MNEMONIC BY COMPLICITE
The Naked Truth About The Euro Immigrant
On the eve of St. Patrick’s Day, the international touring group from London, Complicite paints a bold and chaotic picture of the European immigrant experience with in-your-face full frontal, primordial images of climate change and Stone Age icemen.
Mnemonic grapples with the fragmented yet creative aspects of memory as seen through the grieving mind of an estranged couple as they struggle to maintain long-distance contact over a 9 month period.
Carlos Saldana manically begins the intercontinental journey with a seminar on what he deems ‘one of the last great mysteries’. The subject is memory and the strange biochemistry of the brain that blends imagination and creativity, which he feels is essential.
He also plays one of the central characters along with Teresa Spencer as Alice the grieving millennial who just lost her mother and leaves her boyfriend Virgil hanging with only a cryptic voice mail message.
Saldana morphs from the lecturer to the house set-up guy who asks the audience to silence their electronic devices but suddenly falls down the Mnemonic rabbit hole as a series of cellphone calls connect the dots and fill the void of his lost relationship.
Alice’s misadventures take her from Paris to the Russian Steppes in search of blind leads about a newly discovered father figure as she encounters the oddest mix of Greek cab drivers, French archeologists, Italian scientists, and Bulgarian journalists who rip her off in more ways than one.
The ensemble cast of Michael Burgos, Elena Day, Jon Reynolds, Vanita Kalra and Jonathan David Martin create a mosaic of mystical characters that keep the two hour performance moving at a brisk pace as they weave in a sub-plot on the Austrian-Italian border of the discovery of an iceman.
Movement director Dody DiSanto of the Center for Movement Theater deserves praise for blending the talents of Cirque du Soleil performers like Elena Day with the mime like expressions of Michael Burgos and the spot-on erudite dialogue of Jon Reynolds who channels several everyman Aryan characters from wanna-be Anderson Coopers to racialist archeologist attempting to explain the origins of the Iceman.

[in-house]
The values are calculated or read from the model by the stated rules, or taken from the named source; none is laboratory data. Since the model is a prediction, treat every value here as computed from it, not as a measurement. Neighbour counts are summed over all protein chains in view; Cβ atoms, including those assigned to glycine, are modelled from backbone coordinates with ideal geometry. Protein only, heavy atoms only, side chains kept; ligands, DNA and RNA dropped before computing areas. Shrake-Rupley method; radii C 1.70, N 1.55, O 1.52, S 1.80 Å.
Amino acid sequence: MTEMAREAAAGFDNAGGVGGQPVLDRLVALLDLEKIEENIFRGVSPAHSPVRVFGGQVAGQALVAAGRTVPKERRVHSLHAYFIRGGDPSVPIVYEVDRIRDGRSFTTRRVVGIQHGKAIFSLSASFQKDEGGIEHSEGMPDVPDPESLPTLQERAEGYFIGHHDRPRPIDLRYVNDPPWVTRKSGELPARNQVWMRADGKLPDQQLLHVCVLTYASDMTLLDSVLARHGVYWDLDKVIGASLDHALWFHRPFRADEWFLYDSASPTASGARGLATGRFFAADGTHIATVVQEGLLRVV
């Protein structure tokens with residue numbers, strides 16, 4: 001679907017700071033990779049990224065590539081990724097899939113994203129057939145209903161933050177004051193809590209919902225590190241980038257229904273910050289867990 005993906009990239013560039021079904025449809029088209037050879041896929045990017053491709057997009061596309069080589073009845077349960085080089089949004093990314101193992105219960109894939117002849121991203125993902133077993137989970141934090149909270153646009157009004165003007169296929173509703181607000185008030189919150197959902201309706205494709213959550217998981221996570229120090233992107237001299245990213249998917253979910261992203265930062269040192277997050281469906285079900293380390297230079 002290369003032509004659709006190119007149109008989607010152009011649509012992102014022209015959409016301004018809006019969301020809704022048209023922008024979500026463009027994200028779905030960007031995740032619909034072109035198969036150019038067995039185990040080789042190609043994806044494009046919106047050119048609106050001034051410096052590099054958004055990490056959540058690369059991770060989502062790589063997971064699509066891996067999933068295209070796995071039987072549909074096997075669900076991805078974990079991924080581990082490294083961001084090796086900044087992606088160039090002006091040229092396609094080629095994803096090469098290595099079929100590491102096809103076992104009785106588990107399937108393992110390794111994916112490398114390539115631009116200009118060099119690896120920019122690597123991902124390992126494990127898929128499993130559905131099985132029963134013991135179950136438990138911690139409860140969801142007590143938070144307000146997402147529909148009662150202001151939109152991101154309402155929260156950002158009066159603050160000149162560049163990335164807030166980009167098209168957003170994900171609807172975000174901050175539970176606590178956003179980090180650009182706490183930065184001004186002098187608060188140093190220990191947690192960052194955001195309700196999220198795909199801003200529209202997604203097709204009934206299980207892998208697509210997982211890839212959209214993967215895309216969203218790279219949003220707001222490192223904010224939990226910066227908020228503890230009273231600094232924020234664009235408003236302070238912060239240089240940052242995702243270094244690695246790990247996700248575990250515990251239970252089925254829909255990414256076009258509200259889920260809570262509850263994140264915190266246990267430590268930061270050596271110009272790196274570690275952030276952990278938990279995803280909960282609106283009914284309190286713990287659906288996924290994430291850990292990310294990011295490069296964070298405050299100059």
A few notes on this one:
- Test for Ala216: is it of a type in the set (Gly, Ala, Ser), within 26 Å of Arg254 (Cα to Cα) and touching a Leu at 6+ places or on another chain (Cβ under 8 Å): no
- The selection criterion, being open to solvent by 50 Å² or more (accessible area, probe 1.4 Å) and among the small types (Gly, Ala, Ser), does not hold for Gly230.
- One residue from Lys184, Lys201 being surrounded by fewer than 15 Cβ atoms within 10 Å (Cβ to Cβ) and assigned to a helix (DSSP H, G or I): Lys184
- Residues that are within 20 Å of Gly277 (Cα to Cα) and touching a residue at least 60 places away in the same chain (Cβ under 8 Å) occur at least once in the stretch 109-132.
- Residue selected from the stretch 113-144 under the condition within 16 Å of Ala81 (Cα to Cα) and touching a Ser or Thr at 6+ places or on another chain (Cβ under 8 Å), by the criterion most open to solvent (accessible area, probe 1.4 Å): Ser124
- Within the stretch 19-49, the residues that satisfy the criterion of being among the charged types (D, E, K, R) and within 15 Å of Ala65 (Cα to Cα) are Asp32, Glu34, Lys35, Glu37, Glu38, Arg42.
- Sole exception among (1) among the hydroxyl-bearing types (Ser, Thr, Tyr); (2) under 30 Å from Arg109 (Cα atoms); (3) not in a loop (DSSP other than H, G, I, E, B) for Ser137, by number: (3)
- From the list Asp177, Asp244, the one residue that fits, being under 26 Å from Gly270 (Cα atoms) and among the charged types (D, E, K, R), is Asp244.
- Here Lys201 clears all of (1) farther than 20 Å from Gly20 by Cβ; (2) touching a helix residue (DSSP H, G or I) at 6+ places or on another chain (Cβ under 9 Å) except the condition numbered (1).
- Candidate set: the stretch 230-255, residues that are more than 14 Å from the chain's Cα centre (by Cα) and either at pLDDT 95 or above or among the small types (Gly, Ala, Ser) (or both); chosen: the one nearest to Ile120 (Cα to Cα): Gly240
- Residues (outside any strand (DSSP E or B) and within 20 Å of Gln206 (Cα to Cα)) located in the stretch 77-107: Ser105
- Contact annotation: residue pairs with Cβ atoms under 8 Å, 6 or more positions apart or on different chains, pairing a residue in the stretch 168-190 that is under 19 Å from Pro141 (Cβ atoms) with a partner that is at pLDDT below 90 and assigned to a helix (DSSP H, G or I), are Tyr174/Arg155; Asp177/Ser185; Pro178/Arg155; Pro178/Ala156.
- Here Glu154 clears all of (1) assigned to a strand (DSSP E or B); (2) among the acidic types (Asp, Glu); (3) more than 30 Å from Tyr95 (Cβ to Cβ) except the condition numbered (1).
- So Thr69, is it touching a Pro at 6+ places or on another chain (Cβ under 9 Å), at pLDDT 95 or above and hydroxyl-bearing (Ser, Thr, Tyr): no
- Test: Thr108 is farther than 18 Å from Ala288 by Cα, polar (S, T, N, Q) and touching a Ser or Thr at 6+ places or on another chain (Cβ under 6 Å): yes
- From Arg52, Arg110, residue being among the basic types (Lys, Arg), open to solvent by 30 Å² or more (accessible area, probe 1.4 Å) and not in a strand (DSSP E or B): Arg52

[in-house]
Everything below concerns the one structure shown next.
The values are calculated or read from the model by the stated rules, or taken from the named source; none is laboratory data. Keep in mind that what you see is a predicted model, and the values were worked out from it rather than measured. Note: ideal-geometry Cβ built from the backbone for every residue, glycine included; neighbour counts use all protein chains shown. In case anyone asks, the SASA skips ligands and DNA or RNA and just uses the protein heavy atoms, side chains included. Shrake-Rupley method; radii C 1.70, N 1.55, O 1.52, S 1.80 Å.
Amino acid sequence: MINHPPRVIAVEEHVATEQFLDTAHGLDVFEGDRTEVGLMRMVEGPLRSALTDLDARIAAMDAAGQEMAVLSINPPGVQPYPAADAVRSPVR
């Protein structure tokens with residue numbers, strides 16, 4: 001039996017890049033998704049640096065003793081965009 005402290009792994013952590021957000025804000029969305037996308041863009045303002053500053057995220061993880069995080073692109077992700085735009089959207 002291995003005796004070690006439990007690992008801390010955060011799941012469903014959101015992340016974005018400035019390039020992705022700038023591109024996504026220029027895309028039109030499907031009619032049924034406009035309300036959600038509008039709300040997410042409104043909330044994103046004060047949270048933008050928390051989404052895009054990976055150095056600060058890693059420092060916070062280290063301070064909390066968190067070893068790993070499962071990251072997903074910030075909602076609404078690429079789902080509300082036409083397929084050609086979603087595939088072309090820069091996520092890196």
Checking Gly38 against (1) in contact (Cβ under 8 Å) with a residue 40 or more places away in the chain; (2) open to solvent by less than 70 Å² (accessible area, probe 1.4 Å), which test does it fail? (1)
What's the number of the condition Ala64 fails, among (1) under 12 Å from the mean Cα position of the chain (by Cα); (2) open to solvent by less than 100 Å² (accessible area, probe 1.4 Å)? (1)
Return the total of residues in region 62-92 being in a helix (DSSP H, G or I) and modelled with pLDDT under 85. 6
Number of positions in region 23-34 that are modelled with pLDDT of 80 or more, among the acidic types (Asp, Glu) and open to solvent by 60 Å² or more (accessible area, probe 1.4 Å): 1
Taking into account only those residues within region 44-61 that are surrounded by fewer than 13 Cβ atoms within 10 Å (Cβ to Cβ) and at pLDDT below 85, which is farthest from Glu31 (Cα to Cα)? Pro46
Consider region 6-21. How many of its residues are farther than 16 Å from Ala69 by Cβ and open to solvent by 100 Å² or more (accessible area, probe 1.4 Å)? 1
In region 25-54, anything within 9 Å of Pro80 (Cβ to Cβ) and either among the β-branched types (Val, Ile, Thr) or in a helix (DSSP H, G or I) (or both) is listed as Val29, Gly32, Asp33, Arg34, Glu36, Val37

The other fascinating feature that triggers primordial memories are the back wall visuals by projection designer Patrick Lord that provides the ensemble with the perfect vehicle to use movement and mime to explain the mysteries of climate change on the African sand dunes and their impact on glaciers a continent away.
The Theater Alliance and director Colin Hovde are known for producing thought provoking work and engaging the community in compelling dialogue about contemporary social issues. Be prepared to examine a few new branches of the family tree through the shattered psyche of working class immigrants from the Baltics to the Bronx. Playing at the Anacostia Playhouse on Thursdays through Sunday from March 16th to April 9th, Mnemonic is definitely for mature audience and includes some nude scenes as the playwright seems to have a fascination with frequent bedroom settings.
The Theater Alliance also plans audience talk back sessions after several matinee performances and offers student/military and group discounts. For details contact firstname.lastname@example.org, visit www.theateralliance.com/project/mnemonic or call  241-2539. (c) Malcolm Lewis Barnes 2017. Photos by Teresa Wood.